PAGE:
Bulla adds that New York, Los Angeles, and other metropolitan markets have been the early adopters of frameless design, and he says the trend has gained major momentum in the last year or so. “I think the stock cabinet manufacturers can no longer avoid the frameless cabinet construction,” he speculates. Ultimately, Bulla predicts major growth in the frameless segment of the market, and maybe one day even a nationwide shift to frameless. This would have huge implications for the industry as the product changes. He compares it to an automaker having to change its production from standard gas cars to hybrid or even electric-powered vehicles. “For large manufacturers, it would be a change in the way they design and build cabinets. Factories, assembly lines, machinery, and much more need to be changed to build a frameless cabinet. “ I’m sure it’s not going to happen overnight,” Bulla speculates, “but this is definitely the strongest move to frameless cabinetry” since he started working in the industry about 15 years ago.
If the big transition does, in fact, occur down the line, Bulla feels Grass America is well-positioned. Although it strives to manufacture all of the products in America for face-frame cabinets, he notes that the company also has a “huge assortment” of products to support the frameless market through its European parent companies. It also produces certain frameless products out of the Kernersville factory. The biggest change for Grass, Bulla suspects, would involve collaborating with customers to help them work better with the frameless cabinet – for example, by offering design ideas such as how a drawer can be manufactured differently from a design aspect as well as from a labor standpoint. “For Grass America and our customers,” he emphasizes, “it’s more of an opportunity than a threat.”
Bulla also sees opportunity in being there for distributors, as consolidation sweeps their industry. Acquisitions are taking place “left and right,” he observes, all across the country. Albeit a great opportunity for distributors, he continues, the trend is not without its drawbacks and complexities. That’s because merged companies often have different product lines that can be difficult to consolidate; and even when they do so successfully, there is also then the risk of over-distribution in some markets because there are too many firms carrying the same type of product. On top of that, Bulla adds, the broad array of products a distributor sells – especially after a consolidation – may create an educational shortfall. “The customer relies on the distributor not only to purchase the product, but also to supply technical help and product needs and features, kind of like the specialty sales,” he explains. “And sometimes, because of the broad range of products the distributors sell, there’s no way for the distribution salesmen to be specific about the product and have enough product knowledge. That’s where we come in, and we work closely with distribution salespeople in the market.”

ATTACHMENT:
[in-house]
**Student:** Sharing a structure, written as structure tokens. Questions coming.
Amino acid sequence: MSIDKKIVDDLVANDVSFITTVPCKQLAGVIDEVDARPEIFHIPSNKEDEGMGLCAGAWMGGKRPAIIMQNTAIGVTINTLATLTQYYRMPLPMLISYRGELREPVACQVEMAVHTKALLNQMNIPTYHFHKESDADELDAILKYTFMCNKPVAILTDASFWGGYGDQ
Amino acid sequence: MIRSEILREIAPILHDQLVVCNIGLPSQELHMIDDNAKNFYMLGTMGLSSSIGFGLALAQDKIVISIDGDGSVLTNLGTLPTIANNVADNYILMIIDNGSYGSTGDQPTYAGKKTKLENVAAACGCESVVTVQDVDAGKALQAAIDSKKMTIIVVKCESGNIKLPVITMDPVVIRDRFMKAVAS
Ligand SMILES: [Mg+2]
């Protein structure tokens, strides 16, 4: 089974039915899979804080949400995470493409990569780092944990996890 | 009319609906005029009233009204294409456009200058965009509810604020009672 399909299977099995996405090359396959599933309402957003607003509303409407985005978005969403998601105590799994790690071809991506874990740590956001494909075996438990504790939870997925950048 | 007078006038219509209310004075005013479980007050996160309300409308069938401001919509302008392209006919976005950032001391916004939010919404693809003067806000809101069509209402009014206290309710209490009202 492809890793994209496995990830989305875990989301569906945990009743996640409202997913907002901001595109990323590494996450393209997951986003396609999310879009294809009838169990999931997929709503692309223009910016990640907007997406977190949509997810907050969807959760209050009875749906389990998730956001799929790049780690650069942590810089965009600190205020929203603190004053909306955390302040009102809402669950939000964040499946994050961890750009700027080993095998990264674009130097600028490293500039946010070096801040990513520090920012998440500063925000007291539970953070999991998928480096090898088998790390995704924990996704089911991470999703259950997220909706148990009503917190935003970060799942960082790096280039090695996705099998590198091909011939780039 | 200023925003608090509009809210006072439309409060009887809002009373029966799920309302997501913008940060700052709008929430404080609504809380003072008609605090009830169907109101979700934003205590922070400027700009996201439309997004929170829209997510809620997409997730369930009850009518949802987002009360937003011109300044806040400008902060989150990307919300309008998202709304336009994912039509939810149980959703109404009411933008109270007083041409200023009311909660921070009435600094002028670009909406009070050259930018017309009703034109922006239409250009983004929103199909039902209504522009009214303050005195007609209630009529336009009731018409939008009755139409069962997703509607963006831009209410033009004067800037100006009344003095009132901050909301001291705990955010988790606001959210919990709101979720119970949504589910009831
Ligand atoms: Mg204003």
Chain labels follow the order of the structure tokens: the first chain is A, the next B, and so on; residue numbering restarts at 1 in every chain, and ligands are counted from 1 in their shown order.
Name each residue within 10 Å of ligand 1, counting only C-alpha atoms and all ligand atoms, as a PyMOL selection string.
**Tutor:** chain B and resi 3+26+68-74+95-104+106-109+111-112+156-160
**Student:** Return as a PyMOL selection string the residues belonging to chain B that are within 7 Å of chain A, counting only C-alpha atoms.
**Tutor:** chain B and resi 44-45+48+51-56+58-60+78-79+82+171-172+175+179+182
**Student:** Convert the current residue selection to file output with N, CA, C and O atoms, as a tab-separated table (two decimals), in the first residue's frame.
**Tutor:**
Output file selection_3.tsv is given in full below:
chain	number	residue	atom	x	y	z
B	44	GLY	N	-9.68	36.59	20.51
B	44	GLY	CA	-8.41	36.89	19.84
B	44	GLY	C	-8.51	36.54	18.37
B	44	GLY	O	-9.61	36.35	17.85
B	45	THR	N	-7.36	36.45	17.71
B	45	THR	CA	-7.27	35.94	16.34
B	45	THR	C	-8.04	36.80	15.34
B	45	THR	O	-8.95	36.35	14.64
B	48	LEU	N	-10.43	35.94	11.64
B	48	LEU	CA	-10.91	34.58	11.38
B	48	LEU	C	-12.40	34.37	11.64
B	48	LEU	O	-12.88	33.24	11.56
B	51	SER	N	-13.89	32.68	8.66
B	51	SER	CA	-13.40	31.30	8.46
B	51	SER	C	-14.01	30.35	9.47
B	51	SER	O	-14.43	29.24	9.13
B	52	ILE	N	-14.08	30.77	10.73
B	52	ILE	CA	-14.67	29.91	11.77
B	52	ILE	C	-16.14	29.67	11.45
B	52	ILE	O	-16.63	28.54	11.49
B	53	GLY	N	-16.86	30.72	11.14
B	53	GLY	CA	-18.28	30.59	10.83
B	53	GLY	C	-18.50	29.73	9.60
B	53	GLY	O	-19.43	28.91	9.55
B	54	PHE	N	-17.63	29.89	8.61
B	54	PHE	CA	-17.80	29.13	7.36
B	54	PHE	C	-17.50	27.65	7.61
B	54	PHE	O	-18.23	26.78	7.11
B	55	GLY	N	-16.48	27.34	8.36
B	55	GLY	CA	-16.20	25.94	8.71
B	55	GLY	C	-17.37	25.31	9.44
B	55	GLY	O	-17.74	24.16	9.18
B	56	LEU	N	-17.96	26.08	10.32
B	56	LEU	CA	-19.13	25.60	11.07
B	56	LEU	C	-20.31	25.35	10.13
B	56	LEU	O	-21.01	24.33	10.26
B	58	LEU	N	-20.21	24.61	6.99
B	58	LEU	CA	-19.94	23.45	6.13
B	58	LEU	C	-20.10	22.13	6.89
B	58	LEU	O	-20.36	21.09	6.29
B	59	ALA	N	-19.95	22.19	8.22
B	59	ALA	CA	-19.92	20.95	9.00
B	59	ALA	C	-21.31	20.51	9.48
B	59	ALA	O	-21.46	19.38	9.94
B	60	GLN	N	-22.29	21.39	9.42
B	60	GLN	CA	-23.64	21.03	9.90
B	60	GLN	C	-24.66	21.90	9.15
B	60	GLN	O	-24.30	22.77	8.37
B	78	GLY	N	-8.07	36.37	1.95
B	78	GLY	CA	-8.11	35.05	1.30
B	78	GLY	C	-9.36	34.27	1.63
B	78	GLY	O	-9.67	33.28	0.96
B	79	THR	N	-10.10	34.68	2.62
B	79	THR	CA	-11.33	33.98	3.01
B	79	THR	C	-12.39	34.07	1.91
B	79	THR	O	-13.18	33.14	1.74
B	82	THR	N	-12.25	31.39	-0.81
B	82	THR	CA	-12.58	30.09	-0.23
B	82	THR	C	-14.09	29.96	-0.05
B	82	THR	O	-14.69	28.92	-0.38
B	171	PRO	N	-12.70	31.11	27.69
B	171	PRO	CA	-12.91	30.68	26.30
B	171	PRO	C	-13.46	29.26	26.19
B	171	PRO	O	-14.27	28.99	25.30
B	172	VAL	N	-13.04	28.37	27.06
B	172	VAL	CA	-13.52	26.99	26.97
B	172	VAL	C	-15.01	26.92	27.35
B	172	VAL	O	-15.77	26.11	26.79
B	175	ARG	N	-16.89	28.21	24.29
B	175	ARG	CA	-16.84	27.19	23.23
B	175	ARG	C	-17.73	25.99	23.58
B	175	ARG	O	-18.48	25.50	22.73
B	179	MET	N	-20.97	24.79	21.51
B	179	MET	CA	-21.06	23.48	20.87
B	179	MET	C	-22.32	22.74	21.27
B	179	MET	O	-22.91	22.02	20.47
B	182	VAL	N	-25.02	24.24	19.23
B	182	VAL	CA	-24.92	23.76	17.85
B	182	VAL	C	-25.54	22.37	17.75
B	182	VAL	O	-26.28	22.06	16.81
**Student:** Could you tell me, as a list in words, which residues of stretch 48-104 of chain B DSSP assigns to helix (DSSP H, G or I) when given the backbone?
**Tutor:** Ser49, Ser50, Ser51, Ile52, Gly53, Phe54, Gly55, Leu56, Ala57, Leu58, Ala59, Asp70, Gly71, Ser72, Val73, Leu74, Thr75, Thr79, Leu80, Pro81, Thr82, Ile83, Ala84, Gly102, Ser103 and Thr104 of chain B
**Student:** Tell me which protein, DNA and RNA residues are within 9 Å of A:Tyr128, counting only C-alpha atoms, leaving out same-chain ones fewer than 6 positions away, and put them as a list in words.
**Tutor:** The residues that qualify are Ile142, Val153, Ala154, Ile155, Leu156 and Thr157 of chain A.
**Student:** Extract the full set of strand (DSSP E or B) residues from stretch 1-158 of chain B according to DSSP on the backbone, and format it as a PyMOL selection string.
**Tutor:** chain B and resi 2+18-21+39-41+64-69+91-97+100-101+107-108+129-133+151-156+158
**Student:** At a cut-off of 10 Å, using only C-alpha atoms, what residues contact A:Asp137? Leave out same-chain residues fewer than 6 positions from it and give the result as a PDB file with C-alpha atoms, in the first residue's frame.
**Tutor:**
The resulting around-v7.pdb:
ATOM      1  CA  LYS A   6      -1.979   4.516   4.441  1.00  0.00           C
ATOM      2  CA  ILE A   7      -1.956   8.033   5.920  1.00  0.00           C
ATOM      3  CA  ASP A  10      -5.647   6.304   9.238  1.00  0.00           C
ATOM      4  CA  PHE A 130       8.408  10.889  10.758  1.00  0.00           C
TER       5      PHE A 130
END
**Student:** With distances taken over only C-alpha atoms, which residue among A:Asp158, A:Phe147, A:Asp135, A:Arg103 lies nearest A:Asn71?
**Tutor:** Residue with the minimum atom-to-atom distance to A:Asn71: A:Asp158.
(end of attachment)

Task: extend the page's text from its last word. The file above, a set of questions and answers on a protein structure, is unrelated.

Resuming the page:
That’s just one more way that Grass America plans to connect and grow with its distribution partners, which claim half of its sales. With such valued partners at the heart of its business, it’s no wonder that Grass has been a member of NBMDA for the past quarter of a century. It also shouldn’t be a surprise to see the face of Bulla and other Grass executives at the NBMDA convention for years to come.